At a cookout, a dried-out burger is as unwelcome as a swarm of mosquitoes, so some barbecue gurus like to add a single ice cube inside the patty before cooking. To ensure the ice doesn’t melt and soak the meat, assemble the patties right before you put them on the grill. As the burger cooks, the ice cube will dissolve, leaving the inside of the patty moist and the outside crispy.
The Oregonian has a list of herbs that can be placed directly over hot charcoal to infuse your food with a subtle flavor. We like rosemary: Its thick, woody stems means that it will burn longer than more delicate options. It’s also considered a natural mosquito repellent and will make your yard smell incredible.
Of course you knew that your trusty Foreman is just the thing for ice and drinks. But if you’ve made a cooked dish like brisket or pulled pork in advance, you can use that double-walled insulation to your advantage and hack your cooler into a meat warmer. Website the Virtual Weber Bullet has a handy, step-by-step tutorial on how to do it. The most important tip? Use a probe thermometer with a long wire so the temperature can be monitored from outside the ice chest; for safety reasons, meat should remain above 140 degrees Fahrenheit until you’re ready to serve it.
Karen Way of blog Sew Many Ways wrote about this handy trick to start a fire quickly. She simply takes a cardboard egg carton and places one Match Light briquette in each slot. This technique puts the kindling and coals into close proximity – just be sure your carton is made from cardboard, not styrofoam. “Make up several cartons and keep them on hand to take with you camping,” she writes, or just to keep in a safe place for those last-minute backyard marshmallow roasts.
Of course you can clean your grill with a special brush or, in a pinch, tongs and a balled-up piece of aluminium foil. But we love blogger Kim Denne’s method of scrubbing her grill with half an onion, which she does before making grilled caprese pizza. Not only do the veggie’s ridges help loosen stuck-on grime, it helps give a mellow onion flavor to whatever you’re cooking next.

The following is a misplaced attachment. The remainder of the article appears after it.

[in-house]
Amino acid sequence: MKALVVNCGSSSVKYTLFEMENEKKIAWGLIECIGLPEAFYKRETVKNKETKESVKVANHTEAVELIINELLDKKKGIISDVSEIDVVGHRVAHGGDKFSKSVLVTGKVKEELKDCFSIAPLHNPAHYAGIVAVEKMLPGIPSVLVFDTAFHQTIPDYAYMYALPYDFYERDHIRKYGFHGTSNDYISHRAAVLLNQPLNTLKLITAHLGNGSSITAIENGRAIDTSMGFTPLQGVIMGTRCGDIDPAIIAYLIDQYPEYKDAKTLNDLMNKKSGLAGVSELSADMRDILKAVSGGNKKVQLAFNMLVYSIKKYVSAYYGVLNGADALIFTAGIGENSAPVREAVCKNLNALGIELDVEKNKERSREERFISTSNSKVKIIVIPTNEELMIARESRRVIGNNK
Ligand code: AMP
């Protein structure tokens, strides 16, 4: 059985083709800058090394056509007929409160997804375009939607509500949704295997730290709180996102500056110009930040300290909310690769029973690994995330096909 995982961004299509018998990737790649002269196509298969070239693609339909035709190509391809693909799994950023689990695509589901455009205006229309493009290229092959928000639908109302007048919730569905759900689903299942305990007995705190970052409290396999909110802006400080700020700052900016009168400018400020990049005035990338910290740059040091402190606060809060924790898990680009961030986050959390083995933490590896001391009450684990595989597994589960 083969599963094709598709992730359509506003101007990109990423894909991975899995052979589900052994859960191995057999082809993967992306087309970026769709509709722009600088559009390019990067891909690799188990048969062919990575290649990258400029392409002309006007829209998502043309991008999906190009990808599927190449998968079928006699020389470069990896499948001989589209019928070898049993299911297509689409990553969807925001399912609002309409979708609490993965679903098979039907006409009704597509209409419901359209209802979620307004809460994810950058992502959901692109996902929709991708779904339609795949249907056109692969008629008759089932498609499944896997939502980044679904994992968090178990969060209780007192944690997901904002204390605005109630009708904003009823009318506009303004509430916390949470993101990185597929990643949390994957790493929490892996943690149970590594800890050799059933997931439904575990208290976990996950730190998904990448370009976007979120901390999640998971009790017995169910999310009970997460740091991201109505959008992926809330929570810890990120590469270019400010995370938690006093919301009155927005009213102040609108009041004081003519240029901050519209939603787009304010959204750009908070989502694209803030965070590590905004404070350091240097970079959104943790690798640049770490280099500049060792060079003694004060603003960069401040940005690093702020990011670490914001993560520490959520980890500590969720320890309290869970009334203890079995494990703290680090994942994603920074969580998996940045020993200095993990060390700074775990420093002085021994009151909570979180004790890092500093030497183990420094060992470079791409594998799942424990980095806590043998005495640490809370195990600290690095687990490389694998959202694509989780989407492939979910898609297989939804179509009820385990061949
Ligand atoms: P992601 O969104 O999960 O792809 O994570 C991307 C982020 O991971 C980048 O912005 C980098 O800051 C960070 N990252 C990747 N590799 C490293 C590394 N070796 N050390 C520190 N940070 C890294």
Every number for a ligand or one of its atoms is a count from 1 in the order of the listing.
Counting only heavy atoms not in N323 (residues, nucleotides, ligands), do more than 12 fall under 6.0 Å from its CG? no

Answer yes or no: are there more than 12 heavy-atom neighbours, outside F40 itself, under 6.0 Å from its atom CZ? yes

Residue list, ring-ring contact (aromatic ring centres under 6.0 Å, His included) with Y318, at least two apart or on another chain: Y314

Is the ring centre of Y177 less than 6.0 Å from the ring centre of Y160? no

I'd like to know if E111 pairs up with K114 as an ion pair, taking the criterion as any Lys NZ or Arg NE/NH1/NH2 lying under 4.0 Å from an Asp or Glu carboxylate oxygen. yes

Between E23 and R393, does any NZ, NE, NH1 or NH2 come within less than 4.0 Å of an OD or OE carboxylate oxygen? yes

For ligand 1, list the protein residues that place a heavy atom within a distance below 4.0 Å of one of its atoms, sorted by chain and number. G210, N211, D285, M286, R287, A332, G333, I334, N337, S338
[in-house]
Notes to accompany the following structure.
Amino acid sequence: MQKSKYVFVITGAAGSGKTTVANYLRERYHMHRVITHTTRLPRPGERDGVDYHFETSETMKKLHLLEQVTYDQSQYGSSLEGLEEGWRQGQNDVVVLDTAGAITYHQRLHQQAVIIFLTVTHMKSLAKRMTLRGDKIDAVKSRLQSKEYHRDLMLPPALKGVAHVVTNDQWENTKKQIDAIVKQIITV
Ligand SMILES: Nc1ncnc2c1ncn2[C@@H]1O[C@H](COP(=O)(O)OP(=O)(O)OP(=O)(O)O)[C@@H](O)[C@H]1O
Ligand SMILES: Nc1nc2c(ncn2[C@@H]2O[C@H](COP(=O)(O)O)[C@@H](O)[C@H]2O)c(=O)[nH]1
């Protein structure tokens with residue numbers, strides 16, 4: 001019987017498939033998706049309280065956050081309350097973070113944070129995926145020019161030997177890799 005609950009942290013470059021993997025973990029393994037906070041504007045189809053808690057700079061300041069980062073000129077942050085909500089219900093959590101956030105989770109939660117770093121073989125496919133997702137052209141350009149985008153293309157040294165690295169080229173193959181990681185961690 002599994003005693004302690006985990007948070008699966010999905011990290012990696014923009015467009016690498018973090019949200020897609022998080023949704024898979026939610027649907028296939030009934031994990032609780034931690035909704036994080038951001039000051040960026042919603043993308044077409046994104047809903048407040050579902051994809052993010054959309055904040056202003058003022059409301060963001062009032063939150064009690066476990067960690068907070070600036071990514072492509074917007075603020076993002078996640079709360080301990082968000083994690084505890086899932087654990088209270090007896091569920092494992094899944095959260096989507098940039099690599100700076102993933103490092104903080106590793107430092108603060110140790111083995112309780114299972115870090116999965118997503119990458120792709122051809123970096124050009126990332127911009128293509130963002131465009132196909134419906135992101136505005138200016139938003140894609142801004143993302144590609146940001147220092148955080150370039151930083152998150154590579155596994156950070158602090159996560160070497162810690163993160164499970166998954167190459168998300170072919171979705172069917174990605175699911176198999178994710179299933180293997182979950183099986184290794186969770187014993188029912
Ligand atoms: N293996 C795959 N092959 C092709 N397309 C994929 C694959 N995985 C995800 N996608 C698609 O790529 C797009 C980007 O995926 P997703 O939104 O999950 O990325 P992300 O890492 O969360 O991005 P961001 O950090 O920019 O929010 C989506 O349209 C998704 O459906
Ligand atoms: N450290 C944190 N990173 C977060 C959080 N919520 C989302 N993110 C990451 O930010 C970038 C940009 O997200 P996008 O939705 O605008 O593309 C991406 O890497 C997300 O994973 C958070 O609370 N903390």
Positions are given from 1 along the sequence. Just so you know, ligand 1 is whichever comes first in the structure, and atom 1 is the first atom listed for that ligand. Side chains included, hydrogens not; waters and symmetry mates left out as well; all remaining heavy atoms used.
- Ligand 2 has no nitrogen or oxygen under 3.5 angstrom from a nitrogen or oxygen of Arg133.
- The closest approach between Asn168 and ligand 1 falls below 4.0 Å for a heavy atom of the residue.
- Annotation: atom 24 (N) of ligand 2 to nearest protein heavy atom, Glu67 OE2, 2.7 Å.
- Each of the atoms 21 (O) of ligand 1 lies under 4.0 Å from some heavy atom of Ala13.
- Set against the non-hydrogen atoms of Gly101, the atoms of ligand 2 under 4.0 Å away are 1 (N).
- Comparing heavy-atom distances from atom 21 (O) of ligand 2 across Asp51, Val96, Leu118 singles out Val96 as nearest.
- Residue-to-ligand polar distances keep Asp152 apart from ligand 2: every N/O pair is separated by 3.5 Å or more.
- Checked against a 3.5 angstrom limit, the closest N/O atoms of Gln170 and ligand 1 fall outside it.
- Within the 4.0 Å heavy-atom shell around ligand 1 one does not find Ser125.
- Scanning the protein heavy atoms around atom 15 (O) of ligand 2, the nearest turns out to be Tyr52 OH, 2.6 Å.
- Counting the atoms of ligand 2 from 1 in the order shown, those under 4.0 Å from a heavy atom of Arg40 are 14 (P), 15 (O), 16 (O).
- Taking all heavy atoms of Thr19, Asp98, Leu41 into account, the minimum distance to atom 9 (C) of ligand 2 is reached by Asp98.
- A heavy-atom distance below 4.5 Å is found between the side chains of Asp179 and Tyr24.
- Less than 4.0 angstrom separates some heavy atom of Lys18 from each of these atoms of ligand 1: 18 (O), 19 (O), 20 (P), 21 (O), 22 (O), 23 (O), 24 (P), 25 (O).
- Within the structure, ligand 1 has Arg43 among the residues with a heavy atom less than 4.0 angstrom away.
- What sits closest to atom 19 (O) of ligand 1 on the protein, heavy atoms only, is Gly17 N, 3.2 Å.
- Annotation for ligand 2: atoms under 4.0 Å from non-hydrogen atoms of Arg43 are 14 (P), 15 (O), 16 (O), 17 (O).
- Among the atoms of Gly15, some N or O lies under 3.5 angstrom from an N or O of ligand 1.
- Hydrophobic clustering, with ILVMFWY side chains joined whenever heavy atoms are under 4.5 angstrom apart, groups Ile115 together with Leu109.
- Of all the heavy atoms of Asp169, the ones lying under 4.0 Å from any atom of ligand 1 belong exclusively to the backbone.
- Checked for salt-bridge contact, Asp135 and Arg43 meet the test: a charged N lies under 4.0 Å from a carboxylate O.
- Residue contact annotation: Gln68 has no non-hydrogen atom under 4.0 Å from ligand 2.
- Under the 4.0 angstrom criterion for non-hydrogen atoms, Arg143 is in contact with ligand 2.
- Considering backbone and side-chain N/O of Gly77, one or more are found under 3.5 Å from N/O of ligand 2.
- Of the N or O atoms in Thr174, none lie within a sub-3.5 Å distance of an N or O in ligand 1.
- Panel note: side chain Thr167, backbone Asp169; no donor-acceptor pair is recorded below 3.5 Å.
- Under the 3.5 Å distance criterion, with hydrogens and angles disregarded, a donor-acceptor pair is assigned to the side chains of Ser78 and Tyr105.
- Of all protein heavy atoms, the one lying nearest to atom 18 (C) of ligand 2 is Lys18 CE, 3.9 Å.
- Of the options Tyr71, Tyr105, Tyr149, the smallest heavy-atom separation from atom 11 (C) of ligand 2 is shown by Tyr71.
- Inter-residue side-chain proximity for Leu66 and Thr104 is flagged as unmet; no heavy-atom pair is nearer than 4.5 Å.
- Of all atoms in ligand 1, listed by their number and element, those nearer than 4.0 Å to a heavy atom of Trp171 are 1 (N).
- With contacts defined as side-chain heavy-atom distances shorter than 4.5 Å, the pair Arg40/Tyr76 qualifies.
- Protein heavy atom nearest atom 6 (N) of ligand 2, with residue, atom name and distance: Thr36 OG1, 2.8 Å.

If you’re planning to cook your guests’ burgers to order, this ingenious trick from Victoria Hudgins will make your life easier: Simply write the order in ketchup on one side of a bun so the cook knows where to put which burger. Keep the writing facing up when you hand out the plates so folks will be guaranteed to get the right patties.
This storage hack from professional organizer Robin Bastian of Neat Nest Organizing is simple: Find a six-pack container, plunk condiments inside it and keep it in your fridge until you’re ready to head outside. If you’re feeling fancy you can cover your caddy with colorful contact paper like Bastian did, or leave it as is and show the love for your favorite beer.
If you’re grilling small items like shrimp or sliced vegetables, two skewers are definitely better than one. “It keeps food from rotating around the skewer when it’s time to flip. It also ensures even cooking and makes basting easier,” writes Chandler Tomayko on The Chef with the Red Shoes.
Presenting the ultimate hot-dog hack: This seriously simple technique looks complicated but takes mere seconds to execute. Why do it? Besides the “ooooh” factor, “the spiral cut creates more surface area giving you more crunchy, caramelized meat while creating nice little pockets for your sauces and condiments,” writes Kyra Swain on the blog Caramel Potatoes.
It’s fitting that we found this ingenious way to check your gas grill’s propane level on a site called Barbecue Tricks. If your grill doesn’t have a gas gauge, expert Bill West explains you can figure out how much fuel is inside using only warm water and your hand. Because seriously, we can’t think of a bigger barbecue fail than an empty propane tank.
Ever experienced the frustration of buying a gorgeous piece of fish and then having it stick to (or even fall through) a grill’s grate? You need this clever technique explained by Jessica Quinn on blog Live Love North. Along with acting as a physical barrier, the lemon slices add moisture and a lovely hint of citrus. To round out the flavor, Quinn topped the fish with garlic and butter.